prohibition

Topics: Prohibition in the United States, Temperance movement / Pages: 7 (1561 words) / Published: Mar 19th, 2014
Prohibition

Jacob Last
Ms. Faloon-Sullivan and Mr. Kershaw
U.S. History and English 302
05 November 2012 Prohibition
Thesis: The drive for prohibition was rooted in a long debate over alcohol extending back to the nineteenth century, and was successful because of the efforts of the Anti-Saloon

I. 19th century alcohol debate A. Availability B. False messages C. Impact of alcoholism II. Anti-Saloon League A. Impact of World War 1 B. Partner organizations C. Results III. Women’s temperance movements
A. Other temperance groups
B. Results

Prohibition in the United States officially began on January 16, 1920, when the 18th Amendment took effect. Prior to this date, many alcohol dealers held clearance sales on their inventory, selling it at very low prices. Many people mourned the end of an era by holding funerals for “John Barleycorn,” which represented the grain used to make alcohol (Phillips). According to historian Charles Phillips, “A rich habitué of the Park Avenue Club in New York City hosted a fancy formal at which the black-clad attendees tasted black caviar and toasted the coming of a society that banned drinking with champagne served in specially crafted black glasses.” Americans of the movement to ban alcohol actually began much earlier. The drive for prohibition was rooted in a long debate over alcohol extending back to the nineteenth century, and was successful because of the efforts of the Anti-Saloon League and the women’s temperance movement.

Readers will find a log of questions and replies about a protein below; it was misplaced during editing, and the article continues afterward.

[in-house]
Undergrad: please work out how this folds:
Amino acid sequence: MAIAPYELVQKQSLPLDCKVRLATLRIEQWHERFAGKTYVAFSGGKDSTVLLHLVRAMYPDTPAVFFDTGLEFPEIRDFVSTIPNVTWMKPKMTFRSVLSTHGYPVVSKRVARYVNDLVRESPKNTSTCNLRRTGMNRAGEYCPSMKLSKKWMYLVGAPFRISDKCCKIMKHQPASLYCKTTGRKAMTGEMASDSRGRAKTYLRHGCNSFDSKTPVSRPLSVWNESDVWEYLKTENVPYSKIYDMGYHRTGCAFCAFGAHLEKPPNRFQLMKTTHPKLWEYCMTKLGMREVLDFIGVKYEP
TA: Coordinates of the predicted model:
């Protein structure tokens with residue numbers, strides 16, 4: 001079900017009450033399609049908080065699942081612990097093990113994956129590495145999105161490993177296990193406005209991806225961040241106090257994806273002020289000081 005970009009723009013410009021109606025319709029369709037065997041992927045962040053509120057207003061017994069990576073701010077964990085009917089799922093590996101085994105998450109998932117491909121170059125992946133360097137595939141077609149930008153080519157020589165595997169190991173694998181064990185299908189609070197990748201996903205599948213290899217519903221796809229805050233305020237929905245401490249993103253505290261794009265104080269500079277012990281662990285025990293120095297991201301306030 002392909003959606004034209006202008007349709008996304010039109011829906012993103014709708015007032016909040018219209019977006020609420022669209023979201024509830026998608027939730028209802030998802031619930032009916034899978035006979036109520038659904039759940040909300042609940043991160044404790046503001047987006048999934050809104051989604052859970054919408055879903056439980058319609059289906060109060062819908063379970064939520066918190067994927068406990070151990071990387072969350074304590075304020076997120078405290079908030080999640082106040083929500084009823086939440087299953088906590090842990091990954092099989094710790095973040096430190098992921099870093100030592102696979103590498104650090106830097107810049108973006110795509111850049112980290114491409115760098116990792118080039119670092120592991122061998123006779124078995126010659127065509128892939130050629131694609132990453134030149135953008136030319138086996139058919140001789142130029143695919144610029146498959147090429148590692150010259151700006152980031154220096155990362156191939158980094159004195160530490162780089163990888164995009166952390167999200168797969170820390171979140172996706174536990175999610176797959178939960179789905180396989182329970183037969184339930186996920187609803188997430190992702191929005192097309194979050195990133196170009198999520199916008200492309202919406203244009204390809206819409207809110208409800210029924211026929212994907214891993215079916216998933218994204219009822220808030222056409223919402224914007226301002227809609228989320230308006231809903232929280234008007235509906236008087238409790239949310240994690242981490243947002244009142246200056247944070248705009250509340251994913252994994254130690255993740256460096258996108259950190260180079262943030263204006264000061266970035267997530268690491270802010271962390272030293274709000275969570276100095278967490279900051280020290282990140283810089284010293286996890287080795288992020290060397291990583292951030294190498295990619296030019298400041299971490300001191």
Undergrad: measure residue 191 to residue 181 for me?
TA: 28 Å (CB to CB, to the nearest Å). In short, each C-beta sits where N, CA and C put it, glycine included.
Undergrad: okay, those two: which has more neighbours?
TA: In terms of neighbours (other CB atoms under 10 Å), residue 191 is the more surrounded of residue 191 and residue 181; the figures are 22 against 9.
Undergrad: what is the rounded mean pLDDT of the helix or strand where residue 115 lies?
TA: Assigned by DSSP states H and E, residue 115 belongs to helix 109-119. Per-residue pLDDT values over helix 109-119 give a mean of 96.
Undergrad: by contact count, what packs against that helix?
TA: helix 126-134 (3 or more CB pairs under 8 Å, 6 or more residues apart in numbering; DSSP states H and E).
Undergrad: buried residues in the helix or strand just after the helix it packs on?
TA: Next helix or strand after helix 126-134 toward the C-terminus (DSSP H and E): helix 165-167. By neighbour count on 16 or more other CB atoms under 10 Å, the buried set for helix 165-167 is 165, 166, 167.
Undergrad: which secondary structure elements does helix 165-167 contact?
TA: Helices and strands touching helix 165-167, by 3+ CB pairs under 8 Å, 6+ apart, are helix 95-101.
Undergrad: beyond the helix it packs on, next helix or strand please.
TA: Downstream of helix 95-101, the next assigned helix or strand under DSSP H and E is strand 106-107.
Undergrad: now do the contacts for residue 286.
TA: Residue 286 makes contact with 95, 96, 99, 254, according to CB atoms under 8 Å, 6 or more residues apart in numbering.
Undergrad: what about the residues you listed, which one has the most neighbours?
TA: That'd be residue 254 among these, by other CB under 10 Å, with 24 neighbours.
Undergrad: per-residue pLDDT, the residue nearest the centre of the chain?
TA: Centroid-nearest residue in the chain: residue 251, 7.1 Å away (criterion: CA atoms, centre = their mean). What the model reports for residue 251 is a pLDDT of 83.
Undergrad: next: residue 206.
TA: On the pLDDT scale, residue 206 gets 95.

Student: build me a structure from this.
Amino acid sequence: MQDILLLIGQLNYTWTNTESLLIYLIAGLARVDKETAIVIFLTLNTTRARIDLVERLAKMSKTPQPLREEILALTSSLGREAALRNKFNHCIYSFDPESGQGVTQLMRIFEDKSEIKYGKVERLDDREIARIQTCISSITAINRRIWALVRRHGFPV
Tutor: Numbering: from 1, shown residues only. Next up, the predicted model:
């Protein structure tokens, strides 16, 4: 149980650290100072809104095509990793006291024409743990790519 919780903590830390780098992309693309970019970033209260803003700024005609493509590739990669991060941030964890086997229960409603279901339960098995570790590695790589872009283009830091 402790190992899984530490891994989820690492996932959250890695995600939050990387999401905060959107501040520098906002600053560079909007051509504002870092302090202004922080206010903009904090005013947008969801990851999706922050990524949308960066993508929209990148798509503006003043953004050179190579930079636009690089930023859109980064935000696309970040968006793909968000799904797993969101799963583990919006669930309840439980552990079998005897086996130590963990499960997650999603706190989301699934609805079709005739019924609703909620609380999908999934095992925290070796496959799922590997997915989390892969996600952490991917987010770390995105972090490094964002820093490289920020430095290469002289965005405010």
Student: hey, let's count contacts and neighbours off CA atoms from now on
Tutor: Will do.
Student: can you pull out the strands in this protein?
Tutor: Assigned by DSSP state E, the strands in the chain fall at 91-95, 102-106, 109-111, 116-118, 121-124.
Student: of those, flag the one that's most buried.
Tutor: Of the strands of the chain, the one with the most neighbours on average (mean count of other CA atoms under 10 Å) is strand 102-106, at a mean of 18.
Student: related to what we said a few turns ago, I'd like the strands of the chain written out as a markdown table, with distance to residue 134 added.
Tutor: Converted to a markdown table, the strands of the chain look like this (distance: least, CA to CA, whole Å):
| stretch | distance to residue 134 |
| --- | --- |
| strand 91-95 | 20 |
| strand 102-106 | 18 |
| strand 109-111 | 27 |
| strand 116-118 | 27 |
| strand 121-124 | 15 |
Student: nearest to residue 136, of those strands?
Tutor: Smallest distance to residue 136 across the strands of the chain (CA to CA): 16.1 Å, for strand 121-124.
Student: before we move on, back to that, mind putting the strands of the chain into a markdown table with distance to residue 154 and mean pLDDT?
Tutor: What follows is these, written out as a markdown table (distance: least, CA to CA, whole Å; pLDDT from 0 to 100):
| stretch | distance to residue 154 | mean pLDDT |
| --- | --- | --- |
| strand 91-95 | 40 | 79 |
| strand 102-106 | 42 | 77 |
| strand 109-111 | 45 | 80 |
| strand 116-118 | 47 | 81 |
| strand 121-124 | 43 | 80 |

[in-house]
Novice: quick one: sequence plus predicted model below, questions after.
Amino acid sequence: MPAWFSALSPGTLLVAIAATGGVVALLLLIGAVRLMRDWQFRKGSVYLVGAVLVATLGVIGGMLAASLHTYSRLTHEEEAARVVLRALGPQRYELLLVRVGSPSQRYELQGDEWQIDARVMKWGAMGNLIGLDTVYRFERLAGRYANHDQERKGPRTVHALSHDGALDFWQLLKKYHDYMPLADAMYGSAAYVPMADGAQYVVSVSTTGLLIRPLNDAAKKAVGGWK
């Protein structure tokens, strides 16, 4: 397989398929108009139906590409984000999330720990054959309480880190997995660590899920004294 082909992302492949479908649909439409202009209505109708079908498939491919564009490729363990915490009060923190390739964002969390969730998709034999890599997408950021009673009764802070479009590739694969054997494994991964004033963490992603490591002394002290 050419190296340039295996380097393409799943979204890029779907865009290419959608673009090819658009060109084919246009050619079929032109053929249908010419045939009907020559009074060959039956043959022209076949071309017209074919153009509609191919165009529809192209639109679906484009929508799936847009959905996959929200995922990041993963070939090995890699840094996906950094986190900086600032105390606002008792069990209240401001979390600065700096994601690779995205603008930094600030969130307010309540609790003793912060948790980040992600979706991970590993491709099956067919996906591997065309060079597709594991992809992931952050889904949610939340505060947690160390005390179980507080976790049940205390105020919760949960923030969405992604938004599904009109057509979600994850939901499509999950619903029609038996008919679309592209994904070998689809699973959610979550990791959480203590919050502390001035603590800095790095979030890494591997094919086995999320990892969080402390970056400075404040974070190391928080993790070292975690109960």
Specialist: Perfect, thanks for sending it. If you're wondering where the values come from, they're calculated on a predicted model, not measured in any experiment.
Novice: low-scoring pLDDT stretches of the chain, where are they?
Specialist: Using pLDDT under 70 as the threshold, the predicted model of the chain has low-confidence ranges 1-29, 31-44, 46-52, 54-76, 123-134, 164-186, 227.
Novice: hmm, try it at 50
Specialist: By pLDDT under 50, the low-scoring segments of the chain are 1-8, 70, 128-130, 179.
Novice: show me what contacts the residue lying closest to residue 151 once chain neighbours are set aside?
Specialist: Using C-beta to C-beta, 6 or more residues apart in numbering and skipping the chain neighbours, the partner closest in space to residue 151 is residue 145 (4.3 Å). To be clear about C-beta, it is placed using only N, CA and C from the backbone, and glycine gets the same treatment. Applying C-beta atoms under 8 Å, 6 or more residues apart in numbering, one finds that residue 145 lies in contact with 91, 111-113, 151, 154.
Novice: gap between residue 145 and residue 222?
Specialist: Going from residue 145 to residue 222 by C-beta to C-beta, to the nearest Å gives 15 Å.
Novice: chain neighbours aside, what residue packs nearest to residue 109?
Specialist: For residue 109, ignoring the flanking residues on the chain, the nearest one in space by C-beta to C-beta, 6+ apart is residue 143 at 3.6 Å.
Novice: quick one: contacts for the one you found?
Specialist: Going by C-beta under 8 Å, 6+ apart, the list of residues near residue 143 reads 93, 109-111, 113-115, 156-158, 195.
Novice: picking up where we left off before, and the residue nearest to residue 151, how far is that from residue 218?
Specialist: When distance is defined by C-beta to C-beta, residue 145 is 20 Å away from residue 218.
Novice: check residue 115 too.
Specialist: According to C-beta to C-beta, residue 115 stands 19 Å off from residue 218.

Historian Charles Phillips stated that “since the late 18th century, Americans occasionally banded together to try to persuade, cajole of force other



Cited: Lamme, Margot Opdycke. "Tapping into War: Leveraging World War I in the Drive for a Dry Nation." American Journalism 21.4 (2004): 63-91. OmniFile. Ebscohost. Web. 11 Oct. 2012. Lerner, Michaela. "Going Dry." Humanities 32.5 (2011): 10. History Reference Center. Ebscohost Web. 11 Oct. 2012. Okrent, Daniel. Last Call: The Rise and Fall of Prohibition. New York: Scribner, 2011. Print. ---. "The Man Who Turned Off The Taps." Smithsonian 41.2 (2010): 30-37. OmniFile.Ebscohost Web. 11 Oct. 2012. Pain, Stephanie. "Catch 'Em On The Rye." New Scientist 183.2455 (2004): 46. Science Reference Center. Web. 11 Oct. 2012. Phillips, Charles. "January 16, 1920." American History 39.6 (2005): 38-73. History Reference Center. Ebscohost Web. 11 Oct. 2012. “Prohibition.” History.com N.d Web. 11 Oct. 2012.

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